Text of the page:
During the first 36 years following World War II, individual countries experienced recessions either in isolation or sometimes in concert with a few other closely connected economies. Total global GDP, however, did not decline. Intensified international economic integration over the past 40 years boosted American and global prosperity but also fostered more synchronized booms and busts. Until this coronavirus pandemic, national business cycles were only partially harmonized into a global business cycle. This time around, very few countries will escape a significant drop in GDP, and most will experience historically large declines in the coming months.

Economic Epidemiology

Estimating the economic impact of business closures and social distancing restrictions is mostly a guessing game. Epidemiologists offer widely disparate forecasts of infection trajectories, hospitalization requirements, and fatality rates. Economists must now factor these variables into short-term expectations of economic growth. Among less economically developed countries, social distancing may prove impossible – even if formally mandated by their governments – due to overcrowding, inferior infrastructure, and the limited financial capacities of their governments. For example, the population of metropolitan Mumbai, India is approximately 25 million, with more than 40% living in dense slums lacking indoor plumbing.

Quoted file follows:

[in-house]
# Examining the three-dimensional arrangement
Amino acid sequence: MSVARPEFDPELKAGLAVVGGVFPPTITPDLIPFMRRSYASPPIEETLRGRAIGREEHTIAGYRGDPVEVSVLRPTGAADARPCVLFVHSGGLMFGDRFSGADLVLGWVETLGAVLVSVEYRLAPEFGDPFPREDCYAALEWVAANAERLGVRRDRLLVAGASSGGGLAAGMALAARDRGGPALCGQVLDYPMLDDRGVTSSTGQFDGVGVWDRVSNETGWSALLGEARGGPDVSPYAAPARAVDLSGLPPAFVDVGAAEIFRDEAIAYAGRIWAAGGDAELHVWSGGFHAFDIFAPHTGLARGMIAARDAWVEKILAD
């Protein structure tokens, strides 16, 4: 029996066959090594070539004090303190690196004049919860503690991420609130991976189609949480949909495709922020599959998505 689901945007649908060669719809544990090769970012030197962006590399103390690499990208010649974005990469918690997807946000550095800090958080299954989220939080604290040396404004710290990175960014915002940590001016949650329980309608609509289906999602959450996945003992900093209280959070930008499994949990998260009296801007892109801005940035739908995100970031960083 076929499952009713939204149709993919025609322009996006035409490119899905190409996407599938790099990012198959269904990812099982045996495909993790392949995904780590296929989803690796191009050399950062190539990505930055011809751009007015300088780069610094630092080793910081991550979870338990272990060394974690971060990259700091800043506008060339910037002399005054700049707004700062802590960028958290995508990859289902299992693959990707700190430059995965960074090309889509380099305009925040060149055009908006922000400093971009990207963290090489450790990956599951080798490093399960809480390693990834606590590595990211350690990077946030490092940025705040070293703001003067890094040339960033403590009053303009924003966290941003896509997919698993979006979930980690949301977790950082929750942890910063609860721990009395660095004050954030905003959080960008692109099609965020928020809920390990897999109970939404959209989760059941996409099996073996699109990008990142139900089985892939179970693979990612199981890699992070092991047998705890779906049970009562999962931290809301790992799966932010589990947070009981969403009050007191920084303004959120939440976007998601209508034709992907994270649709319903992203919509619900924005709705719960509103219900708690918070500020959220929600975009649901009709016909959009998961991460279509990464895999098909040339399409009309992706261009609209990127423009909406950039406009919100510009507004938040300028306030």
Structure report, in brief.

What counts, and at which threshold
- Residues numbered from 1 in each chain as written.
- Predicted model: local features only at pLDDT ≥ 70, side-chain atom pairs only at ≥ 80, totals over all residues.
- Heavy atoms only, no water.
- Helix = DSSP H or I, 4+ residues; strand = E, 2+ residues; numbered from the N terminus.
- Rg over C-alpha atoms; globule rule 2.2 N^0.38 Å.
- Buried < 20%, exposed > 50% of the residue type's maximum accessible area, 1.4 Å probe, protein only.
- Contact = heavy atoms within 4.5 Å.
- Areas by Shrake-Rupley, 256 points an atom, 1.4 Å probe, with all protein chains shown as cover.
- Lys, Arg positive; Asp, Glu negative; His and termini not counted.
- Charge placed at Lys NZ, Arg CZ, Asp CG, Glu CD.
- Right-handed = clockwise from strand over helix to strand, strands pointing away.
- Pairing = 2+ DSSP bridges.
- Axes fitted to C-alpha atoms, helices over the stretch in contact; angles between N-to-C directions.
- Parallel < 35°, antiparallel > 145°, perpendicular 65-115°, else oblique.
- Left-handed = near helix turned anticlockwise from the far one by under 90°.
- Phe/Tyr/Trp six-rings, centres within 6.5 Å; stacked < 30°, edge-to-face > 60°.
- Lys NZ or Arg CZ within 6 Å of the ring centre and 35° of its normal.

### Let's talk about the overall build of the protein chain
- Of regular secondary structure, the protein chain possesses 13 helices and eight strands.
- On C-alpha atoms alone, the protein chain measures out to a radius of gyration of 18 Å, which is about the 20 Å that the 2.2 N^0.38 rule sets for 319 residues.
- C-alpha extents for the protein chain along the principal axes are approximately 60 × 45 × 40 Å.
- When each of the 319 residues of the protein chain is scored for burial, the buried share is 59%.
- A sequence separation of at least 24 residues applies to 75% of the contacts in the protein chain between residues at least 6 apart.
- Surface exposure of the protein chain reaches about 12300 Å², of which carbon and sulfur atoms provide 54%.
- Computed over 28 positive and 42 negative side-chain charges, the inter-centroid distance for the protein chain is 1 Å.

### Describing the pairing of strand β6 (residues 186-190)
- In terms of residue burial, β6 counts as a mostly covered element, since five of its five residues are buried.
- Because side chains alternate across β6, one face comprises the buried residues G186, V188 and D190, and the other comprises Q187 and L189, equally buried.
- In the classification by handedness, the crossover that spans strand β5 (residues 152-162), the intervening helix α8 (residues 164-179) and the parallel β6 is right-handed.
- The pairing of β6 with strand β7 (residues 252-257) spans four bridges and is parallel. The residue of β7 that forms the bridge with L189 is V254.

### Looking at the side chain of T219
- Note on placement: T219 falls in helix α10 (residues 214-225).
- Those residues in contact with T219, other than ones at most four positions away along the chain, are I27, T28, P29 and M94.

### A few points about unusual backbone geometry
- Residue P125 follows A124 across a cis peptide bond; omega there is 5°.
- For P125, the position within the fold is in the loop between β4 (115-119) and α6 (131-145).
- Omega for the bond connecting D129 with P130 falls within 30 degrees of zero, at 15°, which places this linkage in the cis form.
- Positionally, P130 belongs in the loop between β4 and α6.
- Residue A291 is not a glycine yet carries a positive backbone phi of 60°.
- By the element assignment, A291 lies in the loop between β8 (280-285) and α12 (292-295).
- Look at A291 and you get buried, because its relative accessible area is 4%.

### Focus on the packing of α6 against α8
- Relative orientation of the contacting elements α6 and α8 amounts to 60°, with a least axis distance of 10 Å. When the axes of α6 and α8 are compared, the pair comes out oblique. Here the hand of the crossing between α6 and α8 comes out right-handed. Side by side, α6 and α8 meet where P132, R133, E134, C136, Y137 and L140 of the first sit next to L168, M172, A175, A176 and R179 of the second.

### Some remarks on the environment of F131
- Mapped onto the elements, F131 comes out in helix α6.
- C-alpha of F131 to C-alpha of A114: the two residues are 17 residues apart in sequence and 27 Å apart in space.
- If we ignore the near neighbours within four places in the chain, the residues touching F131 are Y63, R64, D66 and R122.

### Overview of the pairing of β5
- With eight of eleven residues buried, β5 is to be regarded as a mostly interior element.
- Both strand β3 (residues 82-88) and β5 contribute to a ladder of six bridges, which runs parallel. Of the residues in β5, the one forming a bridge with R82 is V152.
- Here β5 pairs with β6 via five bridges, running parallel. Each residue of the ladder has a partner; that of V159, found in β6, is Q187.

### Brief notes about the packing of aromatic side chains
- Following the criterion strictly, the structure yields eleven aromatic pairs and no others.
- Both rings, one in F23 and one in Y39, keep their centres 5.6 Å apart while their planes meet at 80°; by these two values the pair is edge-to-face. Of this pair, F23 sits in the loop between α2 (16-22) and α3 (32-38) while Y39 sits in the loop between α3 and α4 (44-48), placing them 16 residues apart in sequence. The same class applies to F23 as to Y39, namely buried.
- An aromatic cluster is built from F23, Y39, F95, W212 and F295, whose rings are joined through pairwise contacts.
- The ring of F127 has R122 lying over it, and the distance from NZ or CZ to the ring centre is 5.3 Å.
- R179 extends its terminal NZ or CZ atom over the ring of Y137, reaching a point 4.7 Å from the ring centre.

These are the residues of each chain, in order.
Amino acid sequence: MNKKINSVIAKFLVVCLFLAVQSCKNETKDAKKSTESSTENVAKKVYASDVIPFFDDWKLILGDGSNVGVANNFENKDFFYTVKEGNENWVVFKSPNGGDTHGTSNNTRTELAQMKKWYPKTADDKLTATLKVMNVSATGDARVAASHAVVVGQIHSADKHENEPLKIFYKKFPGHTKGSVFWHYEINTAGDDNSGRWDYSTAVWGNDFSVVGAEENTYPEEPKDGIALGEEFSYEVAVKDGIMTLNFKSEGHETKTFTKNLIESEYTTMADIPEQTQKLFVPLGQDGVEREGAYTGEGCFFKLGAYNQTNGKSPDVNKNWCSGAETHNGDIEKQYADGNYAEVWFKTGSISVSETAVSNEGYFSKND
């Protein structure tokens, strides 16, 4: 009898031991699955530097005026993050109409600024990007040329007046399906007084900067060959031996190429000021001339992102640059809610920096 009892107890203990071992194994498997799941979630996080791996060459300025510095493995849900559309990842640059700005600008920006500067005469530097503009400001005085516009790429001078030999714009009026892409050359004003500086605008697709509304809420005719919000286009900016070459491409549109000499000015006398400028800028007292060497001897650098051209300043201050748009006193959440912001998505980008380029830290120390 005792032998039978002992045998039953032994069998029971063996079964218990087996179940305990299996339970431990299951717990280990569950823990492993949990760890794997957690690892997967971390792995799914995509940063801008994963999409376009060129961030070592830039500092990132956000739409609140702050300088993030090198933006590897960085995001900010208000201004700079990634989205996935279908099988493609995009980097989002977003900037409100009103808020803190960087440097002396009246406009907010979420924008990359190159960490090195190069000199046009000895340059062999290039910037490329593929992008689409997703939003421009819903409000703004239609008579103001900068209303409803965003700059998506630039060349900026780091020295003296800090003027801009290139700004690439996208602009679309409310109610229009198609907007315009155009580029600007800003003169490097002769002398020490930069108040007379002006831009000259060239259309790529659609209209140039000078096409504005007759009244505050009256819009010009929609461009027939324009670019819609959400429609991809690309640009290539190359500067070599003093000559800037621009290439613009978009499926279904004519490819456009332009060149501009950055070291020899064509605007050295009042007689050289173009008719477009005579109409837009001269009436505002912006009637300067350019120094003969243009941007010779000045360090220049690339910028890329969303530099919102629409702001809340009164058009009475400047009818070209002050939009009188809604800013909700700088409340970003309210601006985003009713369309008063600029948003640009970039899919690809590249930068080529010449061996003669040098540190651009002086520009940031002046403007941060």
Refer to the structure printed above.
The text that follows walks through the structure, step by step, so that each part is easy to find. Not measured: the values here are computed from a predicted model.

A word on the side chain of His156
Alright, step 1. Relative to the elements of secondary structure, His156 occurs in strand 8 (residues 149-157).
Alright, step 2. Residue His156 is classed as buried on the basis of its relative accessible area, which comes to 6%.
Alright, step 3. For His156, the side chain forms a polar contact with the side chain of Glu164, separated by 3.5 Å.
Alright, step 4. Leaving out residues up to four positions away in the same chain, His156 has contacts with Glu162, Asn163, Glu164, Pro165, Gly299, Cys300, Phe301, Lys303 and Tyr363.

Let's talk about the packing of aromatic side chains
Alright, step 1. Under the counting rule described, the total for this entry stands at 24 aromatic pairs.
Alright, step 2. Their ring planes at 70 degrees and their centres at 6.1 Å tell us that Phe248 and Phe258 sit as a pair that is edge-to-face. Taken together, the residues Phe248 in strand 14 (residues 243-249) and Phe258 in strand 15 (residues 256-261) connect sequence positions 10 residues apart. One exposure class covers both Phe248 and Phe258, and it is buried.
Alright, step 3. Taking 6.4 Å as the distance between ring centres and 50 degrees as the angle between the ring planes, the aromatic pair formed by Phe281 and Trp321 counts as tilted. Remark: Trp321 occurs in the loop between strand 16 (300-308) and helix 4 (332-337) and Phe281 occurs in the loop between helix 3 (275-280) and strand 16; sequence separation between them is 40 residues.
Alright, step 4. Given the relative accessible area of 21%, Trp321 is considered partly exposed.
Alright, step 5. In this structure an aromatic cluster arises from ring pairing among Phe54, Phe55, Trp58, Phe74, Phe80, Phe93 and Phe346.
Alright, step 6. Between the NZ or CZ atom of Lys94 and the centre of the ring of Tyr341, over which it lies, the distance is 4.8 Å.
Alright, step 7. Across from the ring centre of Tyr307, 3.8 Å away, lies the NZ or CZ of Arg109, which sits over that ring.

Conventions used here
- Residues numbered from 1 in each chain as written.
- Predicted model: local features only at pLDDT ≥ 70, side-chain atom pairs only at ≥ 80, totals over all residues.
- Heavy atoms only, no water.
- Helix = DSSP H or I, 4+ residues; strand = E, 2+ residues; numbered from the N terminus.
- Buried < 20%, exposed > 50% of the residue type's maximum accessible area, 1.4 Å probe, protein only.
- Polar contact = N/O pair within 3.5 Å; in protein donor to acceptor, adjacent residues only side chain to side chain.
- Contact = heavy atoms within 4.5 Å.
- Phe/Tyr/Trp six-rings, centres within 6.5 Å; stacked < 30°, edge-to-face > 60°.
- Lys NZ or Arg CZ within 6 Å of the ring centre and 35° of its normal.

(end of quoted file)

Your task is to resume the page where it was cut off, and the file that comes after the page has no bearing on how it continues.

This recession will affect the global economy in several important ways. We at GHPIA estimate that business closures and stay-at-home directives are reducing daily GDP by 25% to 30% in advanced economies such as the United States, Germany, France, and the United Kingdom. Since these wealthy, industrialized nations produce $53 trillion in annual collective GDP, this could amount to a daily economic hit around $45 billion. This group does not include China, which accounts for $15 trillion of GDP all by itself.